|Training for Elected Leadership - The Councillor as Negotiator (HABITAT, 1994, 21 p.)|
|Part I: Essay - The Councillor as Negotiator|
When researching the literature for an essay of this kind, we sometimes run across information that is too good not to share with our potential audience. So it was when we discovered Barthelemy de Felice, a physics professor born in 1723 in Rome, who managed to write a 13-volume treatise on the art of negotiating. It was published at the same time as his 5 8-volume work, the Dictionnaire Universel Raisonne Des Connaissances Humaines, was offered to the public. Many of de Felice's theories were innovative for his time, including the notion that good negotiators could be trained as well as born into the art. He described a wide range of situations in which the negotiator can use his or her skills.
Negotiation is not limited to international affairs. It takes place everywhere where there are differences to conciliate, interests to placate, men to persuade, and purposes to accomplish. All life could be regarded as a continual negotiation. We always need to win friends, overcome enemies, correct unfortunate impressions, convince others of our views, and use all appropriate means to further our projects. There are some private matters which, by the confrontations of passion, the friction of characters, and the difference in the parties' way of thinking, become so embroiled that their successful resolution requires just as much art and skill as a treaty of peace between the greatest of powers.1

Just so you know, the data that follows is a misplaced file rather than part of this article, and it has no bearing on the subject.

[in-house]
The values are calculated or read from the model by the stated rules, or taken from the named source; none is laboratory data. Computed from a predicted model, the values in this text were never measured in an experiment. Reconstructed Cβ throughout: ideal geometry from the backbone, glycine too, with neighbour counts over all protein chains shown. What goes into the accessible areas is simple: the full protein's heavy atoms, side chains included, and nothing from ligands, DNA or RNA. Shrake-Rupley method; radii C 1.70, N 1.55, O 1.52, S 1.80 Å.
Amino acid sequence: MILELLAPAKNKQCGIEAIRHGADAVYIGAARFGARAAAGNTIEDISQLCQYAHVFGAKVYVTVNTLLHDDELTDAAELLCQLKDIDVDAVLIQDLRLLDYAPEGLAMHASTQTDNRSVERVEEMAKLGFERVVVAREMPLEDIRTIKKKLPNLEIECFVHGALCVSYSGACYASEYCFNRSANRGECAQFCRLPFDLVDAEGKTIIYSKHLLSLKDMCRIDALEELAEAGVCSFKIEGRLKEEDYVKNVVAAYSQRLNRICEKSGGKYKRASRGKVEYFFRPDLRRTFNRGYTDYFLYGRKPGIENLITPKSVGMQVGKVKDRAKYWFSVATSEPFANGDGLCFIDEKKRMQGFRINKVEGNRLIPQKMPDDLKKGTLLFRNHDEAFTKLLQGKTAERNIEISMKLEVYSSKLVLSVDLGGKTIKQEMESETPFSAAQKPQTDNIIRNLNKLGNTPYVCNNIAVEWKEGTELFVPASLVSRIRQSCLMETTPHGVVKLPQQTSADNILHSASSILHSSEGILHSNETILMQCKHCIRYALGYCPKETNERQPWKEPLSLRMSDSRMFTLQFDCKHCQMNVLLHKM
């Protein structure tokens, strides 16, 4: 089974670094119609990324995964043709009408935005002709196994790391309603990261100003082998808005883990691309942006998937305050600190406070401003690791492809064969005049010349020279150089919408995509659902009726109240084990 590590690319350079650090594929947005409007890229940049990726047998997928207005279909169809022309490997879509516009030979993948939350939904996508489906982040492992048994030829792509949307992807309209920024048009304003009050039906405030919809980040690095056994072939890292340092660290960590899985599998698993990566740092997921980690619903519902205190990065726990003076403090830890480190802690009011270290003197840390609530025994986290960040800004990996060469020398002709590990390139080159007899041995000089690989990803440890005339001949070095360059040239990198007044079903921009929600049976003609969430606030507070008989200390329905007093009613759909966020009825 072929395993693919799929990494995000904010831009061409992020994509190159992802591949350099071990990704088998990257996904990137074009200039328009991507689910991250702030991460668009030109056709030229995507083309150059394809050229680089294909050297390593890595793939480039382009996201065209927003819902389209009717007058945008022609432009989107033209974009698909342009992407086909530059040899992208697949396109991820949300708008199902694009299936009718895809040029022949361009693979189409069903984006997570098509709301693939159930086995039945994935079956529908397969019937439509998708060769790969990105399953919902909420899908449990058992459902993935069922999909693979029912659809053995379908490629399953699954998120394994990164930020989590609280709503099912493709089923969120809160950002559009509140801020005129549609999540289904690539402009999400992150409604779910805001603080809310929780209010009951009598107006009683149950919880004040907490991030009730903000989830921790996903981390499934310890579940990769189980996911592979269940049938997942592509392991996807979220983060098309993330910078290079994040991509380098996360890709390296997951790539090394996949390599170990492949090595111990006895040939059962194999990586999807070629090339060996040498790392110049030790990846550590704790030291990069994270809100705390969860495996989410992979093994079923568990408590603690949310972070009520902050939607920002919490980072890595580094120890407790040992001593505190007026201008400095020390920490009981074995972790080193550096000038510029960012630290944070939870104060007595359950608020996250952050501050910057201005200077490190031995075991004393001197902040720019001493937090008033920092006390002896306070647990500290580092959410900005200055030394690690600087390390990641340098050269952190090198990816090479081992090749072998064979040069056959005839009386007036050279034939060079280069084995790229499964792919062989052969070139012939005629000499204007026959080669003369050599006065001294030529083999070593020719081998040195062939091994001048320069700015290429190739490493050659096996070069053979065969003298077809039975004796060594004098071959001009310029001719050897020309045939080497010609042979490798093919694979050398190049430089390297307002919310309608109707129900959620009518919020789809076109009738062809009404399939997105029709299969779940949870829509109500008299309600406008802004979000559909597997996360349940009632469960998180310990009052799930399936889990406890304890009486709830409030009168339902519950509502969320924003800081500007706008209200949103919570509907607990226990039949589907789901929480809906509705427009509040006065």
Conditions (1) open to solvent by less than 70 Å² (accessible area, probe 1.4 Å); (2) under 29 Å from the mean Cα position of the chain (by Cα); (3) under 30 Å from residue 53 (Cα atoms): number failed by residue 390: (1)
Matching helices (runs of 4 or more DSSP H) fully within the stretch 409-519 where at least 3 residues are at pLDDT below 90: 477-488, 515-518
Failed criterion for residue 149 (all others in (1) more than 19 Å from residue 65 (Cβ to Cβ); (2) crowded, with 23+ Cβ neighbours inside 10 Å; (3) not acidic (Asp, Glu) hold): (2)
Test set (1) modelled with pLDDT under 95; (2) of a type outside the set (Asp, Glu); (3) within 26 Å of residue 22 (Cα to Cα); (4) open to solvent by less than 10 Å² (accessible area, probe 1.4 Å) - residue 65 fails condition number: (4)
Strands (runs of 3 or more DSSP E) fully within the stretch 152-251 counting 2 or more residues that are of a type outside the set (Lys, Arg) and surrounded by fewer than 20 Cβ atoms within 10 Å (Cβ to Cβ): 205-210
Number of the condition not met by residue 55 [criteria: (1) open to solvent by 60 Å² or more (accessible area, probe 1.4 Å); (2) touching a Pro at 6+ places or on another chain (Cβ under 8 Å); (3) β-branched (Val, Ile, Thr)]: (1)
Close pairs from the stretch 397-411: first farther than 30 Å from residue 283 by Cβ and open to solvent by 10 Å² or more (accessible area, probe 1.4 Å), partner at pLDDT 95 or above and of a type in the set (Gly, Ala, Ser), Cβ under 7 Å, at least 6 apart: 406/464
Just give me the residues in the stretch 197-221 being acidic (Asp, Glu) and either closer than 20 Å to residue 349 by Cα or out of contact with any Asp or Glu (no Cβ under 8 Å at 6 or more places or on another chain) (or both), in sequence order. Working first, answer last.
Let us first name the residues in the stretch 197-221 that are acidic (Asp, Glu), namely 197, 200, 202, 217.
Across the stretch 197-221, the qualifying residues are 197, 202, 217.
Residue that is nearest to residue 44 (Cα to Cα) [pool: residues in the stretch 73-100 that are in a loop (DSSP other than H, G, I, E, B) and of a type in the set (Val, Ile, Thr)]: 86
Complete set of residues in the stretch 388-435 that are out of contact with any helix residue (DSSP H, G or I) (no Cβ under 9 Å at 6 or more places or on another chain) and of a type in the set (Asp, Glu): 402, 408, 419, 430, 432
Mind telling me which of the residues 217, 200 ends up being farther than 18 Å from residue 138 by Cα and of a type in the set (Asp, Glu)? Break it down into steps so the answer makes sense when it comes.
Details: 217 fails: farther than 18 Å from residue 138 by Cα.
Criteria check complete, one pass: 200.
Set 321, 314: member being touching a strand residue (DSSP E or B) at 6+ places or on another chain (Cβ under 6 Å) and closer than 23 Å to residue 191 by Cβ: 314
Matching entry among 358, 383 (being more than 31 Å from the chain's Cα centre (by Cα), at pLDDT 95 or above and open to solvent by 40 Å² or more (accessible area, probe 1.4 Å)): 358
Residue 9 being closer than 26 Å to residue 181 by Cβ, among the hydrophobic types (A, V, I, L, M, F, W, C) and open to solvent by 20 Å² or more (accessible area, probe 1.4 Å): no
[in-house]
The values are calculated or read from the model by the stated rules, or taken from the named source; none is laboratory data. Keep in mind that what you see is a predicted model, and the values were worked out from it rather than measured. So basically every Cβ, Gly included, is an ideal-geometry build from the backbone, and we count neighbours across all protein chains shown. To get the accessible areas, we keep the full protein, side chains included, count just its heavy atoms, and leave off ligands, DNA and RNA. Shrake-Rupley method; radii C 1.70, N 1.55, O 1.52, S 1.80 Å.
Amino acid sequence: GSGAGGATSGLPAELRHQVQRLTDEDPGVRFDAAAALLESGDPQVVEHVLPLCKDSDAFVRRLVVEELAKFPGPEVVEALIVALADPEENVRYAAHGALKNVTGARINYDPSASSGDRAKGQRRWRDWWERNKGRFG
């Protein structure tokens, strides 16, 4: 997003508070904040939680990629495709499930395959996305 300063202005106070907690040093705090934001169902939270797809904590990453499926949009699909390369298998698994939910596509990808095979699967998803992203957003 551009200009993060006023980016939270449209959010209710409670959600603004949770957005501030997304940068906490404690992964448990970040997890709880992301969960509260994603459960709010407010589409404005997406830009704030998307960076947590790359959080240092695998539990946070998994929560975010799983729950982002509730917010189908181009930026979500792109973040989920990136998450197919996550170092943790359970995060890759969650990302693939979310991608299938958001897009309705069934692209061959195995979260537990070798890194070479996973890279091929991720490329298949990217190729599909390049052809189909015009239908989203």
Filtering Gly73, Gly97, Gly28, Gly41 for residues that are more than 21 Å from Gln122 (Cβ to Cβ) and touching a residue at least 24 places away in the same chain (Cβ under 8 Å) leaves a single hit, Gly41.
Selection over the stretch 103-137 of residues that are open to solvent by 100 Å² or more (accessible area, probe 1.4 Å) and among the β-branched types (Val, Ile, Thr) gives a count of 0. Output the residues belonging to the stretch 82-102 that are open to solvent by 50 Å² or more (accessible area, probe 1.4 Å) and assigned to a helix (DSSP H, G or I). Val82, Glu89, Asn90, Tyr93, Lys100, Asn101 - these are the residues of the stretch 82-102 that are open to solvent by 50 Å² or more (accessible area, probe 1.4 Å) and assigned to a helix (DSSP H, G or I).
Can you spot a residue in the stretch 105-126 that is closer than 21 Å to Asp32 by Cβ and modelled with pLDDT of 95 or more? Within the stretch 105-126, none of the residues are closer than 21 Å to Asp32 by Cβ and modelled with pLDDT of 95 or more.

Contemporary sounding ideas, aren't they? De Felice also had some encouraging words for the not-so-powerful of his day. They are encouraging to those of us who have few if any formal power sources at our disposal.
Some powers, with very mediocre forces, win support and rid themselves of the most troublesome difficulties. They owe their success to their prudence, to their care in accommodating themselves to conditions around them, to their sharp grasp of occasions favourable to their interests, and to a wise observation of the maxim that it is always best to submit to negotiations those things that one cannot contest by arms.2